Val Kilmer Tells Great Stories From A Terrific Career: Q&A

Val Kilmer The Super
REX/Shutterstock/Fortress Features

EXCLUSIVE: When Val Kilmer was presented with the Grand Honorary Award for outstanding contribution to cinema at the Sitges genre festival in Spain last month, he wanted to do one interview about his career. The catch was, it had to be done in an email back and forth, because he is recovering from cancer treatments to his throat and did not have his voice at the time. That festival also premiered The Super, a Stephan Rick-directed genre film Kilmer stars in with Chicago P.D. star Patrick John Flueger. Produced by Law & Order’s Dick Wolf (Black Swan’s John J. McLaughlin scripted it from Wolf’s idea), Tom Thayer and Fortress Features’ Brett Forbes and Patrick Rizzotti, Kilmer and Flueger play the maintenance man and super of a Manhattan hi-rise apartment building where tenants disappear with alarming frequency. Endeavor Content is currently finding a distributor for the film. This Q&A predated the sexual harassment scandals that included Kevin Spacey. Recalling that Kilmer and Spacey were classmates at Julliard before each went on to Hollywood success, I asked Kilmer if he wanted to comment, and he politely declined.

DEADLINE: In The Super, you play a character who is odd and creepy on the surface, but keeps you guessing as to his true motives. You haven’t done many genre films. Why this one?

KILMER: The surprises in the script were extremely well constructed. It’s the type of film where you will want to see it again and find a way to be innocent again of how it ends up. And our director was so enthusiastic and clear about how he intended to create the suspense. And Mr. Wolf has a habit of bringing quality to every project he involves himself with.

The Super Poster
Fortress Features

DEADLINE: Why now, for a genre turn? What is the last film that scared the daylights out of you?

KILMER: I dislike scary films intensely. But when it’s a classic that you know will live forever like The Exorcist or The Shining, you have to show up. Even The Birds, which is the first scary movie I ever saw, still works. Masters make masterpieces.

DEADLINE: You play a creepy handyman. What process did you go through to find this character?

KILMER: Lots of long walks in greasy overalls – lots of mumbling. He knows somehow his life is over and is banking on one final moment of gory triumph before the final curtain. Maybe…

DEADLINE: We are doing this interview via email. At the risk of being intrusive, how are you feeling these days? I ask because you have answered concerns of your fans and said you had struggled with throat cancer but had come out on the right side of it.

KILMER: The first time I was asked if I had cancer, I answered truthfully that I had no cancer. As I hadn’t. If they had asked, have you had cancer, I would have said, yes, but it’s all healed now. Now, I just have to recover from the treatment from chemo and radiation. Somehow I was accused of not being forthright. Well, if years ago I had broken a leg and I was asked today if I have any broken bones, I would answer just as I did the cancer question: no, I don’t have any. Because I believe that the power of prayer is as potent today as it was in Jesus’ time, there tends to speculation I haven’t done all I can do to be as healthy as I have a right to be. Extraordinary assumptions are often made about others when one considers what a complete mystery our own bodies are to most of us. People are often afraid of what they don’t understand. I was. I’m so grateful I’ve experienced firsthand what consistent prayer and love can offer.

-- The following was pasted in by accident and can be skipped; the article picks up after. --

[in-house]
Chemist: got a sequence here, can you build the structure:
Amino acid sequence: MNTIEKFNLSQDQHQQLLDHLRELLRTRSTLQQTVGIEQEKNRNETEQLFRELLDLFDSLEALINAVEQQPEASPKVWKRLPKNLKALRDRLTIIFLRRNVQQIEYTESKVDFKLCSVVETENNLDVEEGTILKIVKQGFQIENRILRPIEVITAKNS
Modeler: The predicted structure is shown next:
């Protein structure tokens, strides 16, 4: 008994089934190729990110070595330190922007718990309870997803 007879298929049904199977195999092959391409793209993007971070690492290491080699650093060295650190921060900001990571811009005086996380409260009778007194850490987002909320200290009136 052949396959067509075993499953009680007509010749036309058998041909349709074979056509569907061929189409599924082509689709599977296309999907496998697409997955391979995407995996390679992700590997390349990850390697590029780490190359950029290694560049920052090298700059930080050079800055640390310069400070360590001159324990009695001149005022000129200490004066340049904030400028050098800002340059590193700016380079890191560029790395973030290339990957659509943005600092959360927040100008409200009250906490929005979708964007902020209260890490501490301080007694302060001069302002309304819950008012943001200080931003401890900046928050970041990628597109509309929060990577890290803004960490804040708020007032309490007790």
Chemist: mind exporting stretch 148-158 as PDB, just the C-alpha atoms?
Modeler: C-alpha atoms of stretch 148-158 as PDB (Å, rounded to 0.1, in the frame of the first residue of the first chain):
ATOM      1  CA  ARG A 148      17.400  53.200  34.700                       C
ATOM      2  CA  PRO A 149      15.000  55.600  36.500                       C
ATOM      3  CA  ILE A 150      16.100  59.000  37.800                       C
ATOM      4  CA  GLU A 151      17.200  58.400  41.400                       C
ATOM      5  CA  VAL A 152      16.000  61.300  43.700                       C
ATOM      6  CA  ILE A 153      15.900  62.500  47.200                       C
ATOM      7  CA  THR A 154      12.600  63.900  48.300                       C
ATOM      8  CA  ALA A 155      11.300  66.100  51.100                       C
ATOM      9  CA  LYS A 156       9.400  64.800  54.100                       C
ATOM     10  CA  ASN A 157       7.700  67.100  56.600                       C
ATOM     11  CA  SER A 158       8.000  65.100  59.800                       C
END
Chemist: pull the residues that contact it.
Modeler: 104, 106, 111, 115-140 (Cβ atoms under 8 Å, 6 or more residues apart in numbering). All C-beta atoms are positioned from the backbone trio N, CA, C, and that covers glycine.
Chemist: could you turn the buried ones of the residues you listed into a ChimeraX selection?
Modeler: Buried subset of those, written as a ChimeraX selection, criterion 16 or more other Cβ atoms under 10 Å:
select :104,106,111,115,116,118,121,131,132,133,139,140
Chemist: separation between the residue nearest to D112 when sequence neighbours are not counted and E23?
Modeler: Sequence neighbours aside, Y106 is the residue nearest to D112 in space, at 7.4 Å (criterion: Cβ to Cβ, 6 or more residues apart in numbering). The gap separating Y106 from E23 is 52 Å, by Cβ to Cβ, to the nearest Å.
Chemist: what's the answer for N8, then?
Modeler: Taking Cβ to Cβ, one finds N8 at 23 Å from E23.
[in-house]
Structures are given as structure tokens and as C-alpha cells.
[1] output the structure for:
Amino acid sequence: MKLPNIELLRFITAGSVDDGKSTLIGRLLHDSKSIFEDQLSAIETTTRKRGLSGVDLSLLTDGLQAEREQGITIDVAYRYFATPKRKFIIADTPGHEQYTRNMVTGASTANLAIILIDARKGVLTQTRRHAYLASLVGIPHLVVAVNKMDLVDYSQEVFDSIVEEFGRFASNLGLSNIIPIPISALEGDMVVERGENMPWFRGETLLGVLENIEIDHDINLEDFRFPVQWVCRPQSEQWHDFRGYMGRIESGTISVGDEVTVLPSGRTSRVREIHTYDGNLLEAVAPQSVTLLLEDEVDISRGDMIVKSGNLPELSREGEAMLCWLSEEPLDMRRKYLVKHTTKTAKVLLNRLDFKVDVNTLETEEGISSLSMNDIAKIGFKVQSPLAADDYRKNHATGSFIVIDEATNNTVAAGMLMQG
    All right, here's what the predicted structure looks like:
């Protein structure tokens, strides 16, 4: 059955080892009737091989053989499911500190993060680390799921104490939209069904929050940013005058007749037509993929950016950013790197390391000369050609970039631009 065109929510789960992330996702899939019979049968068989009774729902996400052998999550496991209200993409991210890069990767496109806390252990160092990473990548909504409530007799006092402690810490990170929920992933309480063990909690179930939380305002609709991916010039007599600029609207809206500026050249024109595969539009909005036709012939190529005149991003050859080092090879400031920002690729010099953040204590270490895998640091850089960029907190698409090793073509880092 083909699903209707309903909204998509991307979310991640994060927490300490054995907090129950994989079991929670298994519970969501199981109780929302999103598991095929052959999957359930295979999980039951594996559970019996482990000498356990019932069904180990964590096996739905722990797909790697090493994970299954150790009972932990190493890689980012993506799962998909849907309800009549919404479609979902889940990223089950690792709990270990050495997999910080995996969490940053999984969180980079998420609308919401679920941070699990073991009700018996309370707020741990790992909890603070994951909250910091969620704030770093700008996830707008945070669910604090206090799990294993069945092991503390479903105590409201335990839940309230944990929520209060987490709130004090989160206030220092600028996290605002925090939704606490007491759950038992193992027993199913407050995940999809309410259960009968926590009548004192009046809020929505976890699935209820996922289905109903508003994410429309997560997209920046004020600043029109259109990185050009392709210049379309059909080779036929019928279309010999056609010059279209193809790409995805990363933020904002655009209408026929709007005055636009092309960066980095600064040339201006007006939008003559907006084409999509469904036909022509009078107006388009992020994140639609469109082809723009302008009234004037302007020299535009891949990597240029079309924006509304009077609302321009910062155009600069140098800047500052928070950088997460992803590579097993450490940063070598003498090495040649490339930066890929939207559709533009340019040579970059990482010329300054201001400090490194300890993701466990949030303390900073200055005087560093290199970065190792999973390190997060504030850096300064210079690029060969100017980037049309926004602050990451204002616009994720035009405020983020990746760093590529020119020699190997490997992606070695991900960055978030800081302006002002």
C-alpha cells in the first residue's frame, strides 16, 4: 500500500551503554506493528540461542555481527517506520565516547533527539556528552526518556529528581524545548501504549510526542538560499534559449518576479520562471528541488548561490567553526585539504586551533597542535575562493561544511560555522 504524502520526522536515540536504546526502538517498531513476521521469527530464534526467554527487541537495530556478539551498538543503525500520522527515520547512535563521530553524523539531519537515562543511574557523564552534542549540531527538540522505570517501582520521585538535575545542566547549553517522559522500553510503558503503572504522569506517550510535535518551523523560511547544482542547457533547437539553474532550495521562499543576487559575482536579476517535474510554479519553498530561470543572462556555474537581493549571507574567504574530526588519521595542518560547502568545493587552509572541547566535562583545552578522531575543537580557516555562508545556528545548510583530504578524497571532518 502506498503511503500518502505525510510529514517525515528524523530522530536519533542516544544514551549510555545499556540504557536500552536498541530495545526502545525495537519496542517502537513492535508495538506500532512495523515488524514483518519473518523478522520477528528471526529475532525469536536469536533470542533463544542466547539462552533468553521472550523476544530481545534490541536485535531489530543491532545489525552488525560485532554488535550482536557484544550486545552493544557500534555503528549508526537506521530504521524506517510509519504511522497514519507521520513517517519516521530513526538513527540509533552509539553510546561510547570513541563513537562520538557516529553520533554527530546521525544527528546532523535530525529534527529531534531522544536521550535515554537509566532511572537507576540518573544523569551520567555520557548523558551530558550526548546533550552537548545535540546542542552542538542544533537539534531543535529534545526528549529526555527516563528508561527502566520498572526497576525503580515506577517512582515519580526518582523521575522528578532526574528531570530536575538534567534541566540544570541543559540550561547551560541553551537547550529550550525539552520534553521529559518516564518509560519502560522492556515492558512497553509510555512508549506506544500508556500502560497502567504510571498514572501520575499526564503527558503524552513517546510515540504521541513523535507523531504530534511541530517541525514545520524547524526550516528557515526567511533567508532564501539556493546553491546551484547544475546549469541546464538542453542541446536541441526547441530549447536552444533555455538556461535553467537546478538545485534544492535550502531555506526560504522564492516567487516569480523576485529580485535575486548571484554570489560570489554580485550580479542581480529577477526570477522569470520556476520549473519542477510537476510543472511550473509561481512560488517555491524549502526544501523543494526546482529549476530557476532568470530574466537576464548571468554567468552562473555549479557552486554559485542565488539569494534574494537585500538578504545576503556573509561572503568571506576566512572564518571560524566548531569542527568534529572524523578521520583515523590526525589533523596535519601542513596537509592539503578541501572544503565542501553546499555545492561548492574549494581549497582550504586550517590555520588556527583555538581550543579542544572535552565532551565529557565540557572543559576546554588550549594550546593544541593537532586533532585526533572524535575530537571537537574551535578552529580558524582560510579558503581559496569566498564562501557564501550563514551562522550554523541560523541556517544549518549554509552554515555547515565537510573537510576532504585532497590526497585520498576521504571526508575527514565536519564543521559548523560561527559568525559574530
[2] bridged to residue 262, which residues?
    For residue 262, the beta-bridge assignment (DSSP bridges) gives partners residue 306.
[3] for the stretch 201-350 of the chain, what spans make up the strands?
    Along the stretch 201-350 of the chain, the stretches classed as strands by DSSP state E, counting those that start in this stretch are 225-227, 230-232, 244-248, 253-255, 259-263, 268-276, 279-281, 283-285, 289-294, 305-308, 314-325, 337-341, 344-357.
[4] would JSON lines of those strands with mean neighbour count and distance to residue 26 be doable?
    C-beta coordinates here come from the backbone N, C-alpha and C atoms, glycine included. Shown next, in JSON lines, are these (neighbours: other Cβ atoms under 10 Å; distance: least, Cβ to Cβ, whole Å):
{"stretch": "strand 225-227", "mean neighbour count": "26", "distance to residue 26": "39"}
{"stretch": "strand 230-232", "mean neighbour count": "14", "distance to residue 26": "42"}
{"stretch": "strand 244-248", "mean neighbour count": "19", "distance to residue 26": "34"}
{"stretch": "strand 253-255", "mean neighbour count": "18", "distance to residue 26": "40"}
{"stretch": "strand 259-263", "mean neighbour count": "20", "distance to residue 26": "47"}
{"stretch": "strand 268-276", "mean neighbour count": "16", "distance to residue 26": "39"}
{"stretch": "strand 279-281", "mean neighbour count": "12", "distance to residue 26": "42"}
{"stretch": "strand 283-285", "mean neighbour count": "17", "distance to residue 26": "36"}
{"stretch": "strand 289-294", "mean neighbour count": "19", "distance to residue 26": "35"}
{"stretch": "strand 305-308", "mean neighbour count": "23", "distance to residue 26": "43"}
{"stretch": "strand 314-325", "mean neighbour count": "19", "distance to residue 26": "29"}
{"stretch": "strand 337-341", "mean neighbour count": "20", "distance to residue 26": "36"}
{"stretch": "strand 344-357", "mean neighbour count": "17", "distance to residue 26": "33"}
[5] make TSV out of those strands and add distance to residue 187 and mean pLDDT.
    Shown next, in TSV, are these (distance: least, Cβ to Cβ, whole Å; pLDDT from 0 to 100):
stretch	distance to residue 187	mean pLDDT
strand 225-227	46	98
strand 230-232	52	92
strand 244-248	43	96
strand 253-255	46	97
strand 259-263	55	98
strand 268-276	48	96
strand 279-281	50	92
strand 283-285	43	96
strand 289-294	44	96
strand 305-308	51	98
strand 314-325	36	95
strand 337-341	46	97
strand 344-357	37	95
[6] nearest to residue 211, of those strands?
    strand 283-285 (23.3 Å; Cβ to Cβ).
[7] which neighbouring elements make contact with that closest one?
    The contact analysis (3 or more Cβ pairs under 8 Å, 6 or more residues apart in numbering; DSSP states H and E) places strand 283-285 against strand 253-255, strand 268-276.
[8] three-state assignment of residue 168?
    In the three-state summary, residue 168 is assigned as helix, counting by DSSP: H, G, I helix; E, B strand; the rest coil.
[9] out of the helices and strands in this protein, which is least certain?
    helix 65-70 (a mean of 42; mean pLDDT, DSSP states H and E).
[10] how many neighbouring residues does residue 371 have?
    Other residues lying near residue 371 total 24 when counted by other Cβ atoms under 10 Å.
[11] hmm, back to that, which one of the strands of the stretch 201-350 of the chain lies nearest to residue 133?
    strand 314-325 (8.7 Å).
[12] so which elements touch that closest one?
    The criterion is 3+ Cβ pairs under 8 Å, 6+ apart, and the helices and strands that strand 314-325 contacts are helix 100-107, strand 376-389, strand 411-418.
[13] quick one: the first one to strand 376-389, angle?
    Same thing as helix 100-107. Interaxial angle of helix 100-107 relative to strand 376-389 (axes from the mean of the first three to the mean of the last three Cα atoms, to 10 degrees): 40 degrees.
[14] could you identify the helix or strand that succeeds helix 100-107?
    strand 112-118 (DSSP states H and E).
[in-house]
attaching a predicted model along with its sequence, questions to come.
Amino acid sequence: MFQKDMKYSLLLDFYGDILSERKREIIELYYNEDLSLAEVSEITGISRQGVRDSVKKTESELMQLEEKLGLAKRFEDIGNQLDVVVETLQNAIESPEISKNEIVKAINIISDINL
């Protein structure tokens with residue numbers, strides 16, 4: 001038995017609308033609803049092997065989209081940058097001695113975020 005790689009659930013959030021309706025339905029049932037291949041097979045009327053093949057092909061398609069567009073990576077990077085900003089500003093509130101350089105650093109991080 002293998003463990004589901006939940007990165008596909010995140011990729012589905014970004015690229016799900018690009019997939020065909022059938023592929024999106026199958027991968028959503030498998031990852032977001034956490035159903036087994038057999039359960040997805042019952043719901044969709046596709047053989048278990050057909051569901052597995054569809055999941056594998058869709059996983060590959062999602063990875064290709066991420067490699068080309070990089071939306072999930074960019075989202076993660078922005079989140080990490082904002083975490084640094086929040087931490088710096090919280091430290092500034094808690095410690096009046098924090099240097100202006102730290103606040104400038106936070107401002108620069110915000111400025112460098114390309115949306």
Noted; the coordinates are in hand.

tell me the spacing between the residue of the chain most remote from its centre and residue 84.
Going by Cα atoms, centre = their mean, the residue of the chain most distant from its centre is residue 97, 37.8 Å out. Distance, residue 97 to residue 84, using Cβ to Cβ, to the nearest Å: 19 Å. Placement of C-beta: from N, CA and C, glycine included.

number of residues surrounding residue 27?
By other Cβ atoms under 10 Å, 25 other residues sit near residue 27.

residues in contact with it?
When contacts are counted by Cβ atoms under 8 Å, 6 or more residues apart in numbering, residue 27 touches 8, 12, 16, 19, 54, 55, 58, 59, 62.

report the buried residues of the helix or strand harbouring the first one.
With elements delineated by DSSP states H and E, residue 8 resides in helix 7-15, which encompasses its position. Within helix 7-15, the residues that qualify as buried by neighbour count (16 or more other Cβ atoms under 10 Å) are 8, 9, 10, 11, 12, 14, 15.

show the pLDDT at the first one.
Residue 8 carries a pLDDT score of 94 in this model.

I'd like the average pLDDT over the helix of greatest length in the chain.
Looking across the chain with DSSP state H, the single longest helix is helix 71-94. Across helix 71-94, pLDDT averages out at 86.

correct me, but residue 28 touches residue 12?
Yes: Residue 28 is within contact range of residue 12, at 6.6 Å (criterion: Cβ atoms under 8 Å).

DEADLINE: Since you received this career honor at Sitges, let’s revisit some of your film experiences and choices. What do you think about another Top Gun after 31 years, and will you be bringing the Ice Man back?

KILMER: I’ve been so fortunate to have chosen so many roles that still have resonance with contemporary audiences. I did a live show and there were questions about my very first film, Top Secret. Who remembers an actor’s very first film? I’m so lucky. And I don’t think I’m bragging or inaccurate to say I’m fortunate enough to be in the best rock and roll film made so far, The Doors. Sure seems like by now someone like PT Anderson would have come along and taken that crown from Oliver, but it doesn’t seem to have happened yet. And Batman? As Sean Penn told me when I asked him advice at the time, he said, “As long as you play a superhero that has a good mask, having a cape is icing on the cake. Or the cape.” I was trying also to get his wife to play my girlfriend. He spoke for her and said “Nah, the only other role in a superhero film is the bad guy…”

And Top Gun is still the best film with airplanes in it, I think, although I’m fond of The Great Waldo Pepper. Someone sent me a poll recently where Tombstone snuck into the top 10 Best Westerns of all time. I don’t know if that film is a classic, but it has some elements of a classic, like that cast and screenplay. I still can’t go thru an airport without hearing “I’m your huckleberry.”


Fans have always been extremely kind and I’ve not been deserving of it much as I chose a quiet life in the wilderness of New Mexico. Now, I have my own story to tell, Mark Twain and Mary Baker Eddy, which I’ve devoted nearly 20 years to create, in case you have been wondering where I’ve been. I intend to direct the piece, and play the enormous Mark Twain, as grand as the Mississippi he loved so completely. In order to have total focus and energy to guide the lucky actress who gets to play one of America’s hidden heroes, Mrs. Eddy — a genius who healed thousands of people — I wrote a play to complete my research of Twain. Well, the play took off and now I’m touring the country with a live show where I present the film of the play. (I was touring the play but my tongue swelled up and I had to take a break.) So now, as my recovery moves along, I have some dramatic choices: whether to make the film sooner, and not wait for my full recovery, or trust that since I’ve waited this long to present my masterpiece, I might as well go all in.